The question of the presence and role of the barbarians in the Roman army is an important one, but it is not clear that Cromwell's approach suffices to solve the problem. Cromwell hopes that by analyzing the shifting organizational structure of the field army--that is, the various ratios of auxilia, legions, and later of federates (to put it in simple terms)--that he can make conclusions about the relationship between "Romanness," "Germanness," and military efficiency. To this organizational argument he adds anecdotal references to support generalizations about demoralization in the Roman components of the army and of a growing German sense of military superiority that left them less amenable to Roman discipline (p. 27). His organizational argument is well presented, holds together, and operates from a good grasp of the secondary literature on that subject (given the brevity of the work).
His comments about morale and the relative sense of military superiority are scantily supported, however, and pose exactly the kind of questions that lead into the literature on the nature of the frontier that Cromwell ignores. He acknowledges the long history of Germans in the Roman army, emphasizing instead the qualitative difference between their initial role as auxilia and later as federates. One is never comfortable, however, with Cromwell's rather presumptive hard-line distinction between "Germans" and "Romans."
It is precisely in this area where reference to the debates on the nature of the frontier might have been useful. Cromwell, for example, does not refer to C. R. Whittaker's important work on the frontier, uses archaeological evidence only incidentally, and in fact neglects all of the publications associated with the International Congress of Roman Frontier Studies.
Visually, Cromwell's work is hampered by extremely poor graphic presentation. The sole map, while not exactly illegible, is extremely difficult to use. The few illustrations in the middle of the book seem to be poor photocopies from other works, and most of them relate to a relatively unimportant discussion of a particular auxilium--the Cornuti. A further graphic shortcoming may be found in the otherwise useful organizational tables which are, unfortunately, unnumbered, and whose captions run together with the body of the text.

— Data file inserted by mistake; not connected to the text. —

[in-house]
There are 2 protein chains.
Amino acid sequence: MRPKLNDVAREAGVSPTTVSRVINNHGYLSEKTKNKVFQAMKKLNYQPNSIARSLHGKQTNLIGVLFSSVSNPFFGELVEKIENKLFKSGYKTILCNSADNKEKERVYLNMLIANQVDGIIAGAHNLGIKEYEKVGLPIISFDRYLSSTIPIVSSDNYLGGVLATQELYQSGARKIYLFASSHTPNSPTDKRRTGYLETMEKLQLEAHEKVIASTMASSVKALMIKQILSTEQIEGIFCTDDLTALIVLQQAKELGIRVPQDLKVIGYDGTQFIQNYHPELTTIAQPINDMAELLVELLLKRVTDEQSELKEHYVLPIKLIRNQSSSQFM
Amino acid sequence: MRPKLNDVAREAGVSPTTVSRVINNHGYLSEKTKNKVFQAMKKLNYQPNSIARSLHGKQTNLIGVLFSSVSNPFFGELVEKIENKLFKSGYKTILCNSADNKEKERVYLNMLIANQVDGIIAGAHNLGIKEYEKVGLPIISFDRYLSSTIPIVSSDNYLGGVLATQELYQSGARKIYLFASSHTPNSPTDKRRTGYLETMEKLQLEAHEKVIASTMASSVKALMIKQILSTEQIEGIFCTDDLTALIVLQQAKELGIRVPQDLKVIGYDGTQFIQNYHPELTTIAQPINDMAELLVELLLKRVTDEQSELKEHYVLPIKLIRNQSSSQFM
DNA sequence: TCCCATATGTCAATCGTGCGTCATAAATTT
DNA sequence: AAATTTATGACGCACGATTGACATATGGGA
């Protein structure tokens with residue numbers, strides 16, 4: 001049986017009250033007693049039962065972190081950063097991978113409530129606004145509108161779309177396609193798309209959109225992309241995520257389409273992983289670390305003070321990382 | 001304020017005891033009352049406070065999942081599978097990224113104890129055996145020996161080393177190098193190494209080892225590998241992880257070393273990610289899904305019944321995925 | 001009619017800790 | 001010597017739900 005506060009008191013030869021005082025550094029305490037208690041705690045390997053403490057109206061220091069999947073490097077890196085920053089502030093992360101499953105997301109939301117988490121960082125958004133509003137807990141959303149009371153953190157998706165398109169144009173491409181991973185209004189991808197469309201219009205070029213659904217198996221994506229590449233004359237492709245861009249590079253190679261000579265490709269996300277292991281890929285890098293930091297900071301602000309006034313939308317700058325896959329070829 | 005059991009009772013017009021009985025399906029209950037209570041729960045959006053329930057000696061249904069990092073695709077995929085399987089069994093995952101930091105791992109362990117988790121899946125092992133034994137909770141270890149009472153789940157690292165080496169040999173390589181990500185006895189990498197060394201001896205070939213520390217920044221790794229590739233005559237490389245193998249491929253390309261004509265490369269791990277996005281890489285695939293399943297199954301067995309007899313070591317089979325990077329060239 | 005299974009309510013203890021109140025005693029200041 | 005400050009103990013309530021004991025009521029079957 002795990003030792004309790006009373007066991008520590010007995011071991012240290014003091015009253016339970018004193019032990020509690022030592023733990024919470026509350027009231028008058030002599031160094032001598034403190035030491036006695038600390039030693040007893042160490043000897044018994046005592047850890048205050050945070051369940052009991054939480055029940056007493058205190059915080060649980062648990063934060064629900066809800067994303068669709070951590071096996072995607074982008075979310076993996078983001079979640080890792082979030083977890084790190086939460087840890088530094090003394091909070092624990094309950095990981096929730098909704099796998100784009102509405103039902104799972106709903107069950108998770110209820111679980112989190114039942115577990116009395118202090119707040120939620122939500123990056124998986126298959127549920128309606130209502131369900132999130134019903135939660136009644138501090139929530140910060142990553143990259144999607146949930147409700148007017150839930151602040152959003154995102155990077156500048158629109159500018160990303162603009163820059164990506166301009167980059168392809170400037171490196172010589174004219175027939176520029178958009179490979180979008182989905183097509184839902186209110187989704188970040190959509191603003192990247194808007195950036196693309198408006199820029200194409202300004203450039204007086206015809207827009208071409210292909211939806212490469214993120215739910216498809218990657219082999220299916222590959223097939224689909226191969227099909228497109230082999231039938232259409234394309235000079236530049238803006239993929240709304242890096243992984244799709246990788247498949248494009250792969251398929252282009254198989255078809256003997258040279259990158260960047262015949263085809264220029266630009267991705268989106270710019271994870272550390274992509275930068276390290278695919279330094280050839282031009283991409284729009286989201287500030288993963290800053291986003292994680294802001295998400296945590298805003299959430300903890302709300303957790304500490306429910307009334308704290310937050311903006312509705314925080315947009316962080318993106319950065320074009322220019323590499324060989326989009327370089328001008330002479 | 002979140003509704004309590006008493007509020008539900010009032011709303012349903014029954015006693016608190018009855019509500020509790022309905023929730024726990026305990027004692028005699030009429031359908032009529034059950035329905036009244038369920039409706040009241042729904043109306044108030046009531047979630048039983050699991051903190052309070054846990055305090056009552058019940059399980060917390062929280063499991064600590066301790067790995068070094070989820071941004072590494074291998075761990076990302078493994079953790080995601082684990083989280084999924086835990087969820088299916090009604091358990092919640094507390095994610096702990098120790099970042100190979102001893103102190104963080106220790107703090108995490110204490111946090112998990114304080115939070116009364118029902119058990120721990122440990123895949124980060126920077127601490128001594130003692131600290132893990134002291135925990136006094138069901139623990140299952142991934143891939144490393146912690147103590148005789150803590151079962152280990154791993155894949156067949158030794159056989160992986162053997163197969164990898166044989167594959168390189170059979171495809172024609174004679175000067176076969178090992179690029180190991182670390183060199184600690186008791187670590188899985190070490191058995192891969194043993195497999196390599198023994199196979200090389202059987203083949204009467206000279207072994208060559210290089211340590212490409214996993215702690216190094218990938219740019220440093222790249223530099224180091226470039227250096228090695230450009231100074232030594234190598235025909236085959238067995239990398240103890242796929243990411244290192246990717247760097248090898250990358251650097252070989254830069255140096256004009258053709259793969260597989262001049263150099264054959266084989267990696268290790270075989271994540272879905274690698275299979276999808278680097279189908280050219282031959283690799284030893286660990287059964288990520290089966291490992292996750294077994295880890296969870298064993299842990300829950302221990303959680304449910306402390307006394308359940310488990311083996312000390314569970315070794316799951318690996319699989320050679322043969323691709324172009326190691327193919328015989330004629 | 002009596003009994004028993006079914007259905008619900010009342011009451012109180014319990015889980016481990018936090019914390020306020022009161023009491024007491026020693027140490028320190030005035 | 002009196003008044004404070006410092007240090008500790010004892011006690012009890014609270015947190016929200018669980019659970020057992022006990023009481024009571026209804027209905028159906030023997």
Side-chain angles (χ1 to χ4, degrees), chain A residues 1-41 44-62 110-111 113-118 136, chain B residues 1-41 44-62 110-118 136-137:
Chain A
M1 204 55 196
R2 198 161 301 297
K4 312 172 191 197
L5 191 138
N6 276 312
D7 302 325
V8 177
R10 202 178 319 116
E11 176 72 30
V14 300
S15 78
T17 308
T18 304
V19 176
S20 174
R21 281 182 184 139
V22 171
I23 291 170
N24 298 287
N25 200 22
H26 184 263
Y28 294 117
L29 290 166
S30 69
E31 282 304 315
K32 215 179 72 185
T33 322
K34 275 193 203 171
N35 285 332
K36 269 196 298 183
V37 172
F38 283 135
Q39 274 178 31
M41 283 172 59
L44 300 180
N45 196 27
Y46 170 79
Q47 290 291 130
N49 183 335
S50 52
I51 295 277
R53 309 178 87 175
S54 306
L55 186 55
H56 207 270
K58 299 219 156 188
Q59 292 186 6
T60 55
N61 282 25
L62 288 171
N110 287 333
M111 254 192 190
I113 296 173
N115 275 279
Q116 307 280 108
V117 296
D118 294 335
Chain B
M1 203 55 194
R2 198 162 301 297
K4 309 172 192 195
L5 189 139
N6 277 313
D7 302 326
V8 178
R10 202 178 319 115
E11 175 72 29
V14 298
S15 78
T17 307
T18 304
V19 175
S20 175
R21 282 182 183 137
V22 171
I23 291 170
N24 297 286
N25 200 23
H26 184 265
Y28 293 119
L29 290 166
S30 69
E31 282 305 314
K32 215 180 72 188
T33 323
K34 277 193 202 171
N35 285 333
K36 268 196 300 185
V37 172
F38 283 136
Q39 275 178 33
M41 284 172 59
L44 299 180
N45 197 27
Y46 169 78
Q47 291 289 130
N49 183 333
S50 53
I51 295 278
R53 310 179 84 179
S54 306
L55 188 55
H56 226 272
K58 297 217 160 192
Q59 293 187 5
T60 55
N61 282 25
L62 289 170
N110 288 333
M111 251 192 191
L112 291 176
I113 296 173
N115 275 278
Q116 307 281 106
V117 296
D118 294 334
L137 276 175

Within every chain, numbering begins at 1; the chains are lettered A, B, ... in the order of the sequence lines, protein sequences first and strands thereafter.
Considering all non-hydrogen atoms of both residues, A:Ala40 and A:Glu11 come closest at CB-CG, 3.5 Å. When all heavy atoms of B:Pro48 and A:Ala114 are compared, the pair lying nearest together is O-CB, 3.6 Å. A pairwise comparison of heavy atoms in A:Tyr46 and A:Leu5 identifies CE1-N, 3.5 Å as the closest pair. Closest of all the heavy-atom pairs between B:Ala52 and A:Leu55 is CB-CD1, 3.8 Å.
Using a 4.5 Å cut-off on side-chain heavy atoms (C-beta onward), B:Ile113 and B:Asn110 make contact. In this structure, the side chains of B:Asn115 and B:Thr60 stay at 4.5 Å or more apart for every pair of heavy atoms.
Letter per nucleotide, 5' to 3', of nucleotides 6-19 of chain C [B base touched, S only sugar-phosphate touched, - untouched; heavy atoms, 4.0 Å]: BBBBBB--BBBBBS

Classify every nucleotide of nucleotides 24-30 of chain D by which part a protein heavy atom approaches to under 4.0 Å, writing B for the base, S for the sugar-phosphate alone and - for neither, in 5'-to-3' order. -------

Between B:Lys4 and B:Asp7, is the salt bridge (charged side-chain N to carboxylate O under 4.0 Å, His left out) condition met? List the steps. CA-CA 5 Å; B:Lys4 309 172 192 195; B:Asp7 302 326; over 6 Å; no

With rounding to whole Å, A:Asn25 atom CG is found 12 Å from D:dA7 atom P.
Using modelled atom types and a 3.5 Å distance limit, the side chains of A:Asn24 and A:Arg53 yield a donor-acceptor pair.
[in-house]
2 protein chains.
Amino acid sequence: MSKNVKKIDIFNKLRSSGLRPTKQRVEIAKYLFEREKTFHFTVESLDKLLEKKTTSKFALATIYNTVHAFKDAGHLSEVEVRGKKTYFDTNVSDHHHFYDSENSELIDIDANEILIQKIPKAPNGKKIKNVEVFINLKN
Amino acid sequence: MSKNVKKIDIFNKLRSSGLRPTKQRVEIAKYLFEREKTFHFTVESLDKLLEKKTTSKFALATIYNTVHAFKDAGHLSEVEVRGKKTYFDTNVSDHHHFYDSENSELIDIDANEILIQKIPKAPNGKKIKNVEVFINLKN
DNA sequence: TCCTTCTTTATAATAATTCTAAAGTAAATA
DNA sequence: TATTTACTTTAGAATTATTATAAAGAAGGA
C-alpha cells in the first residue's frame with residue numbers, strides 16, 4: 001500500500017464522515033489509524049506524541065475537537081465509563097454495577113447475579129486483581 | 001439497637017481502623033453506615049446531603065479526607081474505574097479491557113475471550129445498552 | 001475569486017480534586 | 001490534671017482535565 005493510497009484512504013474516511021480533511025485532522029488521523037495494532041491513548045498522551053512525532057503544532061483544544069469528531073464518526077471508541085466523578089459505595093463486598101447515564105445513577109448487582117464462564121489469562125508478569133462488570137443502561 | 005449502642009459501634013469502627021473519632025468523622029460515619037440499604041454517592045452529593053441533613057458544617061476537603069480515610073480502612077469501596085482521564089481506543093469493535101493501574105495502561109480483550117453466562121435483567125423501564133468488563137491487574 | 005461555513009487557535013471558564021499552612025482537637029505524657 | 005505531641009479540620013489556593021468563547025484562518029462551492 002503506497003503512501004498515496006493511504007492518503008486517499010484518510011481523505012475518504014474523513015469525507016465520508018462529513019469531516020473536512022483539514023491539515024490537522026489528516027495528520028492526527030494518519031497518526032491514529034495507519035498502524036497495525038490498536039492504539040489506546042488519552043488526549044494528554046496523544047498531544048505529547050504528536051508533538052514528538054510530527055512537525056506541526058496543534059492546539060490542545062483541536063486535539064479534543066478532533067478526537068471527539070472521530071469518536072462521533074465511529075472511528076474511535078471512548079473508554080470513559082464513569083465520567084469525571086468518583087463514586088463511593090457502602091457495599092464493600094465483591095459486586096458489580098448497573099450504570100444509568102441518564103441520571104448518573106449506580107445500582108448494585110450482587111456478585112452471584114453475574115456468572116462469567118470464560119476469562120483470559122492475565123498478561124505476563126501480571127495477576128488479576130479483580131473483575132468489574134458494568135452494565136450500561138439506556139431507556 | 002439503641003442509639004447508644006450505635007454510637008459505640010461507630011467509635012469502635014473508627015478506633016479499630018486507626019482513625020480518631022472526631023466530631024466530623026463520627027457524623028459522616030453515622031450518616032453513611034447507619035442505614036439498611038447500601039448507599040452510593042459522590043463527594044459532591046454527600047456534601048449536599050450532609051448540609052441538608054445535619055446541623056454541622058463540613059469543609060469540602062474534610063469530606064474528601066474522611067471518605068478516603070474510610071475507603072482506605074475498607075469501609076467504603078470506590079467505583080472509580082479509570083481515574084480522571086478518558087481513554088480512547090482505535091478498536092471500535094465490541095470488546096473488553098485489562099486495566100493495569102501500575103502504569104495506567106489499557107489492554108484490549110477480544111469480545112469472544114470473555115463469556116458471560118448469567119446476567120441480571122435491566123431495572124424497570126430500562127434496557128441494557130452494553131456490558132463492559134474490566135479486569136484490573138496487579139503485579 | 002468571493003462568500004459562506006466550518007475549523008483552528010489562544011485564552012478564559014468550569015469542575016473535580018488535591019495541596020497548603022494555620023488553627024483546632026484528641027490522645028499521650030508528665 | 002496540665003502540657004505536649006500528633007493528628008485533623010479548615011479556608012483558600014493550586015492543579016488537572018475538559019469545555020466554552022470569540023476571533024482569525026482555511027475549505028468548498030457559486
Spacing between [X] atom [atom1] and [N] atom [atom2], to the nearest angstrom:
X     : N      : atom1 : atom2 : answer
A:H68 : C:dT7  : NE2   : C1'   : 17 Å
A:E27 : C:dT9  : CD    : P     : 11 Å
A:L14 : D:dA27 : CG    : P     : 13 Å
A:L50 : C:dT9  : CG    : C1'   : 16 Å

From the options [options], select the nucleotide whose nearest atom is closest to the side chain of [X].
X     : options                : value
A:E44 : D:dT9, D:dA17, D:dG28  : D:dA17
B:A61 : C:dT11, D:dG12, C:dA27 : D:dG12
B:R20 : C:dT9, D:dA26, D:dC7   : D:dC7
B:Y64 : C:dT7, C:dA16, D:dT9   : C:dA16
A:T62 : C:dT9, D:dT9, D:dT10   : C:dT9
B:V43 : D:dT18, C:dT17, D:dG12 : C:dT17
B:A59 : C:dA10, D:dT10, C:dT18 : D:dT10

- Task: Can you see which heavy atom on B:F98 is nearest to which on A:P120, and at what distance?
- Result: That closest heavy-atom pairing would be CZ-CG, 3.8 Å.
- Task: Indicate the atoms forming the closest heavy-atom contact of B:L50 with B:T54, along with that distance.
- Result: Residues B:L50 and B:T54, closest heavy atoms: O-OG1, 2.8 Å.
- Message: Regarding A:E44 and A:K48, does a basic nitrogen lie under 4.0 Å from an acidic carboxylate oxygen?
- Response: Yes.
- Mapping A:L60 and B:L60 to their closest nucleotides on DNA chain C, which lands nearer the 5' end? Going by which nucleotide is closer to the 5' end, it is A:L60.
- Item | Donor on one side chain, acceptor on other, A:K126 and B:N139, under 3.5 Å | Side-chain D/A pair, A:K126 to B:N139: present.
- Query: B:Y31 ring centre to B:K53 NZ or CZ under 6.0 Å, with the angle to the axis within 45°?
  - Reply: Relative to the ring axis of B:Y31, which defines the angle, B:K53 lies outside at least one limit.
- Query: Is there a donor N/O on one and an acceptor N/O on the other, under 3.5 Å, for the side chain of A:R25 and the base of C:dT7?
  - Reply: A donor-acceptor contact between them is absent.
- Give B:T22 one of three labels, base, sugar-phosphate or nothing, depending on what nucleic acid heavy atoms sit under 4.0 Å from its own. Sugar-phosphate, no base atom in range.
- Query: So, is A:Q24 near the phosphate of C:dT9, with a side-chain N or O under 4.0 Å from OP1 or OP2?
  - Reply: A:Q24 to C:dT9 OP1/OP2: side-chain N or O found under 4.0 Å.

In short, Cromwell's work has value, if for no other reason than its brevity and clarity in discussing the extremely complex changes in the military structure of the late Roman army, but for $40, there are better options. General military historians, in particular, would be better served by Edward Luttwak's more comprehensive study.
. Edward N. Luttwak, The Grand Strategy of the Roman Empire (Baltimore: Johns Hopkins University Press, 1976); Arthur Ferrill, The Fall of the Roman Empire: The Military Explanation (New York: Thames and Hudson, 1986); Benjamin Isaac, The Limits of Empire: The Roman Army in the East (Oxford: Clarendon Press, 1989), C. R. Whittaker, Frontiers of the Roman Empire: A Social and Economic Study (Baltimore: Johns Hopkins University Press, 1994); Hugh Elton, Frontiers of the Roman Empire (Bloomington: Indiana University Press, 1996); Everett L. Wheeler, "Methodological Limits and the Mirage of Roman Strategy," Journal of Military History 57 (1993), 7-42 and 215-240.
. Emilienne Demougeot, La Formation De L'Europe Et Les Invasions Barbares (Paris: Aubier, 1979).